Apple has been not-so-silently acquiring small and big firms. Although not in scale and frequency like Yahoo! after Marissa Mayer took over as the CEO, Apple has still made quite a bunch of acquisitions this year.
What does this mean to you and me as consumers of Apple tech? Most specifically, we’re looking at iPhone and iPad users. What new features or products or additions can we expect or read from these acquisitions? That’s what we’re trying to look into.
- Apple is working hard to leap-frog in the maps field. Google is still years ahead but Apple is fast catching up through the acquisition of various location-based startups and companies.
- Apple is looking to bolster its semiconductor research and possibly development too. At the customer-level, this could mean work towards better processors, enhanced battery performance and possibly hint at new chips for new products with unseen design specs. (iWatch, yes).
- Apple could also be working on data compression, image compression etc.
- Apple constantly tweaks its ranking algorithms in the App Store following a string of acquisitions that go back as far as 2012.
AlgoTrim: Image Compression
Apple acquired AlgoTrim, a company after image and data compression whose libraries are used by several companies involved in making apps. Image compression is a double-benefit thing for a company focusing on mobile devices: it helps both faster data exchange and also faster processing. Apple also acquired Anobit in 2011 to work on flash memory for iPhones and iPads. We have rumors about the 128 GB iPhone too. Although seemingly disjointed, I feel that there’s something cooking up in Apple’s AlgoTrim acquisition that points to either faster processing in the camera and photo apps or relates to storage and data transfer (Facebook, Instagram etc.).
Embark, Locationary, HopStop: Maps
Needless to say, after the Maps fiasco, Apple has doubled down, buckled up and gone full-throttle in rectifying the things. Going by the results, I’d say Apple has turned the tide around in its favor largely through meticulous acquisitions. Whether these are fruitful/successful will be known in the coming years but Apple did this to leap-frog in the field of Maps and location data.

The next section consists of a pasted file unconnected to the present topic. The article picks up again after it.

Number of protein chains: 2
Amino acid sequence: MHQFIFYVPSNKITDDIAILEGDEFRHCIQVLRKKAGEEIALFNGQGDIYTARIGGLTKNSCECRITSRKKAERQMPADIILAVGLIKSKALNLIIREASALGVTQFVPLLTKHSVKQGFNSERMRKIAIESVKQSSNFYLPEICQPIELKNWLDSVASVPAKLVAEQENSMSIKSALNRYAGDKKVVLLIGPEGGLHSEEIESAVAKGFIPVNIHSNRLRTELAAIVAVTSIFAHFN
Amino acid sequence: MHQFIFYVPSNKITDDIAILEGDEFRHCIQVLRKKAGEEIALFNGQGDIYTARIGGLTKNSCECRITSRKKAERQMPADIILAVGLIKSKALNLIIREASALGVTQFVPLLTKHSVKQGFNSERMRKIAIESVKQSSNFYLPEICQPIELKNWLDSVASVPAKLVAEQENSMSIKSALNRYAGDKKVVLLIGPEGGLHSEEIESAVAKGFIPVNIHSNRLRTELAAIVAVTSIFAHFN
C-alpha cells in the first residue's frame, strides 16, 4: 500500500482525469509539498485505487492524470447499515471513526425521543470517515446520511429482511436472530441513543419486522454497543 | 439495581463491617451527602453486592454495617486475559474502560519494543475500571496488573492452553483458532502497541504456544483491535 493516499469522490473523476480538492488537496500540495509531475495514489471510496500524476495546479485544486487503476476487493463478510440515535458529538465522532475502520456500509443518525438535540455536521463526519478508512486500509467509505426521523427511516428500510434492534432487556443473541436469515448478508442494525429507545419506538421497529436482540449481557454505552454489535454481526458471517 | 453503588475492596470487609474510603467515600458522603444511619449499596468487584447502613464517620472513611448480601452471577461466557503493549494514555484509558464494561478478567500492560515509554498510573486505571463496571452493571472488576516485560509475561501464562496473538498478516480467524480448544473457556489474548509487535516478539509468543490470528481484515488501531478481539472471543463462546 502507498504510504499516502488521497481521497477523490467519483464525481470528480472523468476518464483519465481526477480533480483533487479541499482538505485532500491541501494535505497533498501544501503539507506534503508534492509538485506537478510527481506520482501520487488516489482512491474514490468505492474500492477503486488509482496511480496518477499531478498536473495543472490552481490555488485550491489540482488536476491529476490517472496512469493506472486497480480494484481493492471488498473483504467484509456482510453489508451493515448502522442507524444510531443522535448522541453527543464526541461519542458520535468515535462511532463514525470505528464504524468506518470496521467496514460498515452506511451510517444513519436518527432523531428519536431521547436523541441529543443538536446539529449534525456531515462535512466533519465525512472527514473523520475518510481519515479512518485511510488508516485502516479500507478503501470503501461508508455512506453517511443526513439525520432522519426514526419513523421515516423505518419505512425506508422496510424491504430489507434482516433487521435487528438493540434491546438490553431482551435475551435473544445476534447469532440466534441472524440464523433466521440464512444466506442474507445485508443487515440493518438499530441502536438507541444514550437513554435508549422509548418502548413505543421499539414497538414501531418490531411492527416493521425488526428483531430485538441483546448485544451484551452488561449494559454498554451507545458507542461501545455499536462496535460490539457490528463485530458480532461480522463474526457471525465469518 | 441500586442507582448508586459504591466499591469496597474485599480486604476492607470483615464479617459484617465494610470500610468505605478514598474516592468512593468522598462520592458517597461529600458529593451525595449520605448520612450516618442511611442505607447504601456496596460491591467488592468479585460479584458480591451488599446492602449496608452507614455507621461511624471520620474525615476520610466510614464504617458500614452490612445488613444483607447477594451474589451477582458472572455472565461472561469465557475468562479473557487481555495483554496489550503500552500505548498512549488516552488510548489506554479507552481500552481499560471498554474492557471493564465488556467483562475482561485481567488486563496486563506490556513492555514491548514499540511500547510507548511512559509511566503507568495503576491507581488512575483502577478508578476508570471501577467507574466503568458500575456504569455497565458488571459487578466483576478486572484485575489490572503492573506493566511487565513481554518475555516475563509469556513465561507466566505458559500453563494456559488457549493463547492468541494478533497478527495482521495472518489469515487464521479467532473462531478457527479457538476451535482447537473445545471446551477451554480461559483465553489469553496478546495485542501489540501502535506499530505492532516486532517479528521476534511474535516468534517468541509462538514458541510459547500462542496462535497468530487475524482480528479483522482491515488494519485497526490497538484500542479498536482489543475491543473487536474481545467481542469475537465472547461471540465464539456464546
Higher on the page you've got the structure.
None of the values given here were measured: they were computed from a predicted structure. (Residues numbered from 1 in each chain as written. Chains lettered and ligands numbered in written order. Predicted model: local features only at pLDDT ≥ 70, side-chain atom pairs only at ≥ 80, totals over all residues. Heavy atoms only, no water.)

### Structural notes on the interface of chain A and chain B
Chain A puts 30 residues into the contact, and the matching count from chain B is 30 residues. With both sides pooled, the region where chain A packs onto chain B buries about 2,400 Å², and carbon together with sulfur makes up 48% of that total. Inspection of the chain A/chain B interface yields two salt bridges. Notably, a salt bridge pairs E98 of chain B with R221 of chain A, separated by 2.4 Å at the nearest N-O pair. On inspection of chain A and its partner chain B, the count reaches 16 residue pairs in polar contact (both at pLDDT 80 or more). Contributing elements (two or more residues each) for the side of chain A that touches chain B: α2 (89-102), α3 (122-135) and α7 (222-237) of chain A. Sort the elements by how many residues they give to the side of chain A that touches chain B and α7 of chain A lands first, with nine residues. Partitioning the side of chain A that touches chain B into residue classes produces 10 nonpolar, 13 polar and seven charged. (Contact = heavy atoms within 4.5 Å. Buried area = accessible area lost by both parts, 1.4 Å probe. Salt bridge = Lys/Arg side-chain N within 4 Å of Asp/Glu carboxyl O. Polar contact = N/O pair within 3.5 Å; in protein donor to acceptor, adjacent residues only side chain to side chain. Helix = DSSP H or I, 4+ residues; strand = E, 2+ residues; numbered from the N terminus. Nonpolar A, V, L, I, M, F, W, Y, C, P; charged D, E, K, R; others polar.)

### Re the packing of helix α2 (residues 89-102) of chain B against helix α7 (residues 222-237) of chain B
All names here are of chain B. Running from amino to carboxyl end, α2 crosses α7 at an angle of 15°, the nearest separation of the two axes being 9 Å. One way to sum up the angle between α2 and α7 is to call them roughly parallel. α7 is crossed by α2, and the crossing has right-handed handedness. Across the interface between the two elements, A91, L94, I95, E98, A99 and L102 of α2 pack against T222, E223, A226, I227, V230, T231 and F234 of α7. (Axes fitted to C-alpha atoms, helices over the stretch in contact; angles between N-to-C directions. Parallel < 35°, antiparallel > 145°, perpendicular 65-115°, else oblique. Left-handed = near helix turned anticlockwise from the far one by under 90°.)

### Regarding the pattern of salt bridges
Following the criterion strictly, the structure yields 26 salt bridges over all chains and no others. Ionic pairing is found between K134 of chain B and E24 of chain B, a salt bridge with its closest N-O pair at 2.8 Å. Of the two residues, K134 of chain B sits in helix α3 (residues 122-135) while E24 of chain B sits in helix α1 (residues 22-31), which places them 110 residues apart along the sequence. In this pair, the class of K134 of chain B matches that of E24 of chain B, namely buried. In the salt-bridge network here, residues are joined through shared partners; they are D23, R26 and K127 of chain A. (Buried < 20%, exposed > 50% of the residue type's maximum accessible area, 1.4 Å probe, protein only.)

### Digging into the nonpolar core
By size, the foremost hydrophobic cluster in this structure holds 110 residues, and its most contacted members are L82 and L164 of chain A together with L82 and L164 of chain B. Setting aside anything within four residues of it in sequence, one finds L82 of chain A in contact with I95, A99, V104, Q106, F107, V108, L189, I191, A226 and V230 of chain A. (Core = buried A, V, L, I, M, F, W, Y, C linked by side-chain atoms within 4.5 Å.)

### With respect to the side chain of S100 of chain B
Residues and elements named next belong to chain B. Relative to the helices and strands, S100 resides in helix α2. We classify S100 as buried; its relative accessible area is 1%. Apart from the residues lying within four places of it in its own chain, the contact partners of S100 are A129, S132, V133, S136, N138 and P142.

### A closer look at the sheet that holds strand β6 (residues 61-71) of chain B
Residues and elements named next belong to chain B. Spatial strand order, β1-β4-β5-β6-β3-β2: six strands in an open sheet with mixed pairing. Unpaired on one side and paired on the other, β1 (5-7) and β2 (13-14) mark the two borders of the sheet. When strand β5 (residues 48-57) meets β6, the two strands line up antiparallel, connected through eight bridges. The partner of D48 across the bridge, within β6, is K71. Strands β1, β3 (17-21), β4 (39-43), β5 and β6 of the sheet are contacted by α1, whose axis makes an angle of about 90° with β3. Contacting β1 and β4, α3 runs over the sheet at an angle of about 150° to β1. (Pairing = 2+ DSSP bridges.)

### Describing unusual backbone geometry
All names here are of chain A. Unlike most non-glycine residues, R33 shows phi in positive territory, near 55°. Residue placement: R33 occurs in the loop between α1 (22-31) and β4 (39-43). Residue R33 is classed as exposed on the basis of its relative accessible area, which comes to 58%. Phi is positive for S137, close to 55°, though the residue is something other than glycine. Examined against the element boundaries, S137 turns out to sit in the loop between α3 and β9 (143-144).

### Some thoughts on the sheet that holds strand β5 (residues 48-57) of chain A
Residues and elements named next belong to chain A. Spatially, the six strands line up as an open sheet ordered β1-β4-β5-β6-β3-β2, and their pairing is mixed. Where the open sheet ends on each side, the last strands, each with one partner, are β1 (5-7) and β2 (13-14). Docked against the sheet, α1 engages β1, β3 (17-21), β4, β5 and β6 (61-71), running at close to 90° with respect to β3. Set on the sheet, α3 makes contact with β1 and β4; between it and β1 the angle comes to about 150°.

Matcha: App discovery, ranking
Apple doesn’t seem to tweak its App Store ranking and search algos quite often but when it does, it catches the attention. Much before acquiring Matcha recently, Apple had captured Chomp. However, most recently, it was noted that Apple was tweaking and changing the algos to consider app engagement as a factoring tool in app ranking.
Passif Semiconductor: Battery Performance
While touted as a low-power wireless semiconductor firm, the acquisition could impact not just iPhone battery but also mean that Apple could be looking for new chips for the rumored iWatch. In devices that are going to be smaller than the iPhone, power-consumption is going to be one of the hardest codes to crack what with escalating features to be embedded in them. Apple also invested and acquired Intrinsity – another semiconductor company involved in faster processing.
WiFiSlam: Indoor location
It would obviously be unheard of if Apple did nothing while Google got its indoor location system right. Apparently, Apple was leaving no stone unturned when it came to locations and maps so WiFiSLAM was picked up and bought by Apple recently. We’re yet to see the after effects of this acquisition.
AuthenTec: Biometric sensors for security
Apple has made some strides into biometric sensors and security but none of it is at the production or consumer level. Remember PolarRose, a facial-recognition tech company that was hired about three years ago? AuthenTec’s acquisition came at a time when rumors about the fingerprint sensors were thick. Apple could also be thinking about biometric security sensors in upcoming products like the iWatch or say, facial recognition in future iMacs and iTV.